Saturday, August 29, 2015

Wall Street's Best Euphemism

What marketing genius thought of correction as the term for a stock market drop of less than bear-market proportions?

Correction leads investors to look on the bright side and stop worrying. Stock prices went wrong ("Did you really buy Exxon at $100?") but now they're corrected. Aren't you glad?

Old line wealth managers wondered if our latest correction would panic clients of online investment services. Betterment's Dan Egan thought not

“The vast majority of our … customers are normal people going on with their lives. We are not going to be the ones who force our clients to pay attention to the stock market since we know that is not good behavior.”

Nevertheless, Egan took the precaution of posting What to Do After a Market Drop. The contents nicely mirror what non-robotic advisers were telling their clients. 

Your obedient blogger is not on Ric Edelman's email list, but for some reason Ric sent along this revealing chart – a good way to demonstrate that stock prices go up a lot more than they go down. 

Ironic, isn't it? Except in the very short term, the stock prices reset by a correction almost always prove to be pessimistic, and therefore incorrect.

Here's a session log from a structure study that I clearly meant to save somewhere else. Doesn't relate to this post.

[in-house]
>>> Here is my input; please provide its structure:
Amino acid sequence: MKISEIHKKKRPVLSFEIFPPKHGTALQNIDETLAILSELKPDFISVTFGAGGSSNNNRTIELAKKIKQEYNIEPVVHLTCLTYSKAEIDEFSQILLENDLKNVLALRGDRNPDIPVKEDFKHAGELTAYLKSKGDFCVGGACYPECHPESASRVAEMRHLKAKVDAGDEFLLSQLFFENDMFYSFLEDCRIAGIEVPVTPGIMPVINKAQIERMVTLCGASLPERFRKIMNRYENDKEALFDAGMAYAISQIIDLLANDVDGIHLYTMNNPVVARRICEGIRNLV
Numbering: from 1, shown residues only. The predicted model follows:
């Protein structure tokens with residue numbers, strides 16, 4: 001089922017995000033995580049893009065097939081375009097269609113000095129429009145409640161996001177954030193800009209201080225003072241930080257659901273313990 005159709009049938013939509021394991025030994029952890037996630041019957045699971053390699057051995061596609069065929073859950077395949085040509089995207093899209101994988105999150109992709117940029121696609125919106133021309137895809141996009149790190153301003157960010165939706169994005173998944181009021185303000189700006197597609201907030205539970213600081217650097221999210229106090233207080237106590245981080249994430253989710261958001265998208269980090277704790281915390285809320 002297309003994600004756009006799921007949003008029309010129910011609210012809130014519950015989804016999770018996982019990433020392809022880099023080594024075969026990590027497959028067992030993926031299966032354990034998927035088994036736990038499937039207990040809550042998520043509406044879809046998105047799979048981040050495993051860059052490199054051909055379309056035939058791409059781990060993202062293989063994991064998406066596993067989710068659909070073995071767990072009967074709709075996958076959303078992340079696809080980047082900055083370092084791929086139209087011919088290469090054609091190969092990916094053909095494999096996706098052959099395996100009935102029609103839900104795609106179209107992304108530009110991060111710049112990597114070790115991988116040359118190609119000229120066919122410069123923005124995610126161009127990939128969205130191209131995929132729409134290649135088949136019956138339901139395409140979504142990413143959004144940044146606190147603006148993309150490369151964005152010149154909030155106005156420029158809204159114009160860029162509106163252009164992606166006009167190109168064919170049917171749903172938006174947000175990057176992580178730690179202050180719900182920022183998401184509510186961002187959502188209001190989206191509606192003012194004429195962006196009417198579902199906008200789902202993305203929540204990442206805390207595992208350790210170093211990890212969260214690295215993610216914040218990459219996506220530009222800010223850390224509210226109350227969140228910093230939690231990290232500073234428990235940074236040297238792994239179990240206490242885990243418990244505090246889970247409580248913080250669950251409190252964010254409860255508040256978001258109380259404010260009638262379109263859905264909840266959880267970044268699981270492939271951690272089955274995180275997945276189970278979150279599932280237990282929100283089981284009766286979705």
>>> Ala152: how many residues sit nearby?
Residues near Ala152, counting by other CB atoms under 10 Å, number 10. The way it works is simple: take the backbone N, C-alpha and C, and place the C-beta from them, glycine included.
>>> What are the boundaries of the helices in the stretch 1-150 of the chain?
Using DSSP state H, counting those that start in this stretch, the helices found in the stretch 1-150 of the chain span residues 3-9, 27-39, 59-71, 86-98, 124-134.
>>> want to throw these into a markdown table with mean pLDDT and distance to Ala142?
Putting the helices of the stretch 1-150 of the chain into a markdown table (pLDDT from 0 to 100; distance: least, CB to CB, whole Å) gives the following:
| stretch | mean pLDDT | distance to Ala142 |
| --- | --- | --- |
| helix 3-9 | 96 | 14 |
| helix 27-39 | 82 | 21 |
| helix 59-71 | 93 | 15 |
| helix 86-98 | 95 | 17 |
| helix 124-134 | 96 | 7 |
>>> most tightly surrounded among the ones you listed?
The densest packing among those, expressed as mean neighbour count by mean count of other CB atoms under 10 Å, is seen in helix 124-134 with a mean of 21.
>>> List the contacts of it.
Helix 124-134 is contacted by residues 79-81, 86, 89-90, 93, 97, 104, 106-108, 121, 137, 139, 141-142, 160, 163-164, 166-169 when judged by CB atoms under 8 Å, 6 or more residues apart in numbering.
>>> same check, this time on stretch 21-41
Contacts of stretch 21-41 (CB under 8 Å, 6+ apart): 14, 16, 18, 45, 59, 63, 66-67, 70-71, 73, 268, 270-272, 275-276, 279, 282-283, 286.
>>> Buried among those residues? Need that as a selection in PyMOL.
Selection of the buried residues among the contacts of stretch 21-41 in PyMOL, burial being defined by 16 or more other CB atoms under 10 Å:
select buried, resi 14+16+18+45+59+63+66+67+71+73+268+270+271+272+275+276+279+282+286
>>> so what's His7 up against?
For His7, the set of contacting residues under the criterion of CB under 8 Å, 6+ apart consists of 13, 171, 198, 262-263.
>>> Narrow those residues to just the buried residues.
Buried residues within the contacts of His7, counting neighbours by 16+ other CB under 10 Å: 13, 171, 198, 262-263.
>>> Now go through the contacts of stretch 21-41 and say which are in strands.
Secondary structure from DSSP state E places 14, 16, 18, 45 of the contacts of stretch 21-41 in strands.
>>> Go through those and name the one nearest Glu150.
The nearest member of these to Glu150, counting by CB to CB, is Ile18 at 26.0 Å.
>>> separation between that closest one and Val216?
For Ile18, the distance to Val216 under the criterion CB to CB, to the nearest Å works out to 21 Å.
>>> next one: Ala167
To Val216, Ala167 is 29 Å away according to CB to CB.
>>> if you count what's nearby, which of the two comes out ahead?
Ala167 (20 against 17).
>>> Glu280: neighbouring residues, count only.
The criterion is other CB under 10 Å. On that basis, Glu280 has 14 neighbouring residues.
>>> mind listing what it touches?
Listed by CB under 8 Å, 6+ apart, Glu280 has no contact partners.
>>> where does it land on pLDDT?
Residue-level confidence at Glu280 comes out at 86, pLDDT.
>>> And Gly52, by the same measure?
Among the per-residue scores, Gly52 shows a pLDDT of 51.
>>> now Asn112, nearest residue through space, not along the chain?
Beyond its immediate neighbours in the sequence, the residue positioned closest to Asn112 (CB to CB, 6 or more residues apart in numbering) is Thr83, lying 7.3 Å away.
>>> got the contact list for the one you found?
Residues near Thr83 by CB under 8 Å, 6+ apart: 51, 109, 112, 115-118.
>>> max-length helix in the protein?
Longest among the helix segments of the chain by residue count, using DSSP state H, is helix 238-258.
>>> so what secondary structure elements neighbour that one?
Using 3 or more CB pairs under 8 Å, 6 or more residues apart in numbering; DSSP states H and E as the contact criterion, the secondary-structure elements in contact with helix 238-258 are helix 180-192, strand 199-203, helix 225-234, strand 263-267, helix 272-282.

The Trust Officer and the Orphan

This week's fiduciary feel-good story, spanning almost half a century, from Ron Lieber in The New York Times.

Thursday, August 20, 2015

Police Officer Loses Job and Webber Inheritance

The Webber case, involving an elderly woman who was leaving more than $2 million mostly to charities until she met a young police officer, is decided at last. The officer, already fired from the force, loses his inheritance as well.

The court found Aaron Goodwin exerted undue influence over Geraldine Webber, who was in her 90s when she made a new will leaving Goodwin her waterfront home and other assets.

The Portsmouth Herald, our local paper, covered the Webber case like a blanket, spotlighting local attorneys who had refused – or in one case agreed – to draft her new will and questioning the actions or inactions of the police department and its commissioners.